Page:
The Jurassic carbonate reservoirs in Minagish Field of West Kuwait have undergone significant pressure depletion (up to 4,000 – 5,000 psi) over the last two decades. However, during the last few years at least two wells showed sudden and significant reservoir pressure increase despite no injection in the reservoir for pressure support. The asset team plans to develop these reservoirs with more horizontal wells in order to increase the reservoir contact and thereby productivity and reservoir recovery. However, drilling and deepening the infill development wells in this area is becoming increasingly challenging due to uneven differential depletion across the field. Unprecedented drilling complications including mud-loss, well kicks, and differential sticking are observed.
This paper discusses how a field scale 3D reservoir geomechanical model integrating all available data was built and used to evaluate the impact of production induced stress changes on reservoir behaviour. Furthermore it details how geomechanical characterization provided inputs for the field development planning. The dynamic 3D reservoir geomechanical modelling of this field integrated: the structural geological model, well based 1D geomechanical models, rock mechanical test results from core, production data, reservoir simulation model as well as selected petrophysical and geophysical data. This model was initially built at original reservoir pressure. After proper assignment of both stratigraphically verified mechanical properties and boundary conditions of far field stresses, the finite element stress simulator was utilized to establish a representative initial stress state within the reservoir and its surrounding formations. The history matched and future predicted reservoir pressures at various time steps were coupled to the finite element mechanical simulator to map the changed stresses and strains over the reservoir interval.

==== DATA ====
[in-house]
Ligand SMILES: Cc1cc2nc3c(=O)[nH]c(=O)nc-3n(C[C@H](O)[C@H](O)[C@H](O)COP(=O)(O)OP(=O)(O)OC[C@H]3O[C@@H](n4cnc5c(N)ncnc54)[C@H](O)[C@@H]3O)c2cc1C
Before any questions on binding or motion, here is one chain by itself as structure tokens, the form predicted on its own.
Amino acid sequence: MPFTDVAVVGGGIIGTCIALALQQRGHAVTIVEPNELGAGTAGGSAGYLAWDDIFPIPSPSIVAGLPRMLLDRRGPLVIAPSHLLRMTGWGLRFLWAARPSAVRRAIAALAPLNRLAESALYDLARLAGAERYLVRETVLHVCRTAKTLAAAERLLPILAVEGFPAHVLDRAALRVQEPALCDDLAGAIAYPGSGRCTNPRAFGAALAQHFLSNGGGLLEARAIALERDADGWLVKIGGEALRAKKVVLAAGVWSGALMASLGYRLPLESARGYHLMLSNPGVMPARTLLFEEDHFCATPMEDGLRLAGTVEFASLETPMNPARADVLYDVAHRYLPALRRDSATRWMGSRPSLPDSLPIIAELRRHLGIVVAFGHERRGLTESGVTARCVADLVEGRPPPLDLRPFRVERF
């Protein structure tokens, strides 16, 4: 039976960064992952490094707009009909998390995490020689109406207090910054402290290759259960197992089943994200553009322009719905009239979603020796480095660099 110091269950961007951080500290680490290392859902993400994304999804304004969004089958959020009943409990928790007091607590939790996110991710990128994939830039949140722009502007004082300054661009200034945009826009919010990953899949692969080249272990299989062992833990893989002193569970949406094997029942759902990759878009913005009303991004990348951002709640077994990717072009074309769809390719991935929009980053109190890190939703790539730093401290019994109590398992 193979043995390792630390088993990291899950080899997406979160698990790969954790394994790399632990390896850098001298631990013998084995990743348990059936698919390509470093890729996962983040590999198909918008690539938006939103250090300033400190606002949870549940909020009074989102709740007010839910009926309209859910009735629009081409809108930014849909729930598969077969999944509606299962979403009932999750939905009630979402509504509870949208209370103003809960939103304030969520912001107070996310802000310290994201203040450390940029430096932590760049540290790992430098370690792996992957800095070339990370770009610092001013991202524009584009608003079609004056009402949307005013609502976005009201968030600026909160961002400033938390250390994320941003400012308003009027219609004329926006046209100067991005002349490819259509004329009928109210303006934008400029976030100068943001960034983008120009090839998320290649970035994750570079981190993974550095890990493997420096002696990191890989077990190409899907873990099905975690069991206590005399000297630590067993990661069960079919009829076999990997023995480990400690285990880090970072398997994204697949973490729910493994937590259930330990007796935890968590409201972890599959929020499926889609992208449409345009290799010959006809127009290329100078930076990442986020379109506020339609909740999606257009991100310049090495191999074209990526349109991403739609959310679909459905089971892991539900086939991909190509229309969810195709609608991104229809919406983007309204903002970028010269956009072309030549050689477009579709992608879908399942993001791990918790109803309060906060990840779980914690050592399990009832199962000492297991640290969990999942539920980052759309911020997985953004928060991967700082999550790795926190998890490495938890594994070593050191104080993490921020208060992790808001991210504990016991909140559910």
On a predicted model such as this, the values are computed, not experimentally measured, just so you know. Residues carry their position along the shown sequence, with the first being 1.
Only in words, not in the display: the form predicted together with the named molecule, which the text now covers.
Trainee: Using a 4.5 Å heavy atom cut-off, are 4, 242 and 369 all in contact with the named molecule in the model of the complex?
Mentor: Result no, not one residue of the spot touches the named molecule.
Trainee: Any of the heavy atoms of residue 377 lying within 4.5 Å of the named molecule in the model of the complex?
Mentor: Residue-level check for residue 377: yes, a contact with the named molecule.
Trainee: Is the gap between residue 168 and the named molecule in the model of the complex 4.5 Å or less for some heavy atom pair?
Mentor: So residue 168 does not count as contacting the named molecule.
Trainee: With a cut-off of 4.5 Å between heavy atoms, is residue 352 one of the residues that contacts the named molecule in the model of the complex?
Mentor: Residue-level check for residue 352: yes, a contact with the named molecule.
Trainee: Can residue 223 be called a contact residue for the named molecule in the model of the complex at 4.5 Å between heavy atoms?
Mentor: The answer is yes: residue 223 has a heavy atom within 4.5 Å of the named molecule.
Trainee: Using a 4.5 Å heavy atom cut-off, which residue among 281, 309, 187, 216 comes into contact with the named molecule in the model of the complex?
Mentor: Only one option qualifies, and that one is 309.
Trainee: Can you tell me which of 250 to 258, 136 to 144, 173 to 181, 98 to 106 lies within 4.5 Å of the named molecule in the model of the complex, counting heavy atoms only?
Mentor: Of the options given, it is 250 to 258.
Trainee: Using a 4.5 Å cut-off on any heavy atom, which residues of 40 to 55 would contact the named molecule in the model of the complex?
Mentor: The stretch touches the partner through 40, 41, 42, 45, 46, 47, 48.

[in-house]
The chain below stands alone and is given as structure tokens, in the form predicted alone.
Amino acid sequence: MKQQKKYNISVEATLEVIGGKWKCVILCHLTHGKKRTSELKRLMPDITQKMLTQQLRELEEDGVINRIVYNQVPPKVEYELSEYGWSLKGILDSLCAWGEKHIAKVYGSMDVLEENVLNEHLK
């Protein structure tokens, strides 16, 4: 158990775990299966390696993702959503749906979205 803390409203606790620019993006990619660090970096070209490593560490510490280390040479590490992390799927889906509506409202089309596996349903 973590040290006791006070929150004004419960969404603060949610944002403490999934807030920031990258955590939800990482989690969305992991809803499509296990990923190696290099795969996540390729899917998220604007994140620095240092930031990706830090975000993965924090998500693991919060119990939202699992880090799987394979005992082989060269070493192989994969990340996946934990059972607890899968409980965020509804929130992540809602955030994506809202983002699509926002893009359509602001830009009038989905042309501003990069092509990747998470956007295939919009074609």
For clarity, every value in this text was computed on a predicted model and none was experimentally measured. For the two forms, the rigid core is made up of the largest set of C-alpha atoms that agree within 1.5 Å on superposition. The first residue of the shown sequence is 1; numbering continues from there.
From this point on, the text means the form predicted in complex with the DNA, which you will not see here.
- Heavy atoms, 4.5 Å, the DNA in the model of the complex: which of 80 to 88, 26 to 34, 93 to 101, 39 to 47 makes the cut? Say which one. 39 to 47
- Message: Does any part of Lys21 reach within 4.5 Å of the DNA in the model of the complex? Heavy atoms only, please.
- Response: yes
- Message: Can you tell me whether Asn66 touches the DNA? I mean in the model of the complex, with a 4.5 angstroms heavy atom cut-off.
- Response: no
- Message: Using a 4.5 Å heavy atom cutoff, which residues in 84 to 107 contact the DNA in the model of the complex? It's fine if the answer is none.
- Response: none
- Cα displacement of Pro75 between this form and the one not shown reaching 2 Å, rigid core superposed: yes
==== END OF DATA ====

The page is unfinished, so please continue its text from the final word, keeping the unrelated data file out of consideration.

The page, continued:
The finite element analysis helped to investigate the associated changes of the in-situ stress field, pore pressure and rock properties across the field and specifically around the planned wells in order to capture the 3D effect of reservoir depletion such as arching effects. This analysis improved the field development planning by integrating wellbore stability risk assessment, fault slippage and other related aspects. The 3D Geomechanical model also distributed the shear-to-normal stress ratios over the interpreted faults/fractures and explained the dynamic behaviour of certain faults due to depletion. Field scale distribution of in-situ stress changes provided inputs to risk assessment due to further depletion. Understanding the stress induced response of reservoir due to depletion helped to plan new infill wells in due consideration of geomechanical risks and production efficiency.
The 3D Geomechanical modelling approach demonstrated that it is technically feasible to incorporate the complexity of 3D geological structure of a reservoir, fault network and other variables within the in-situ stress field. Using appropriate modelling simulations with realistic in-situ conditions, it was possible to explain the behaviour of pressure in wells, faults and also wellbore stability risks.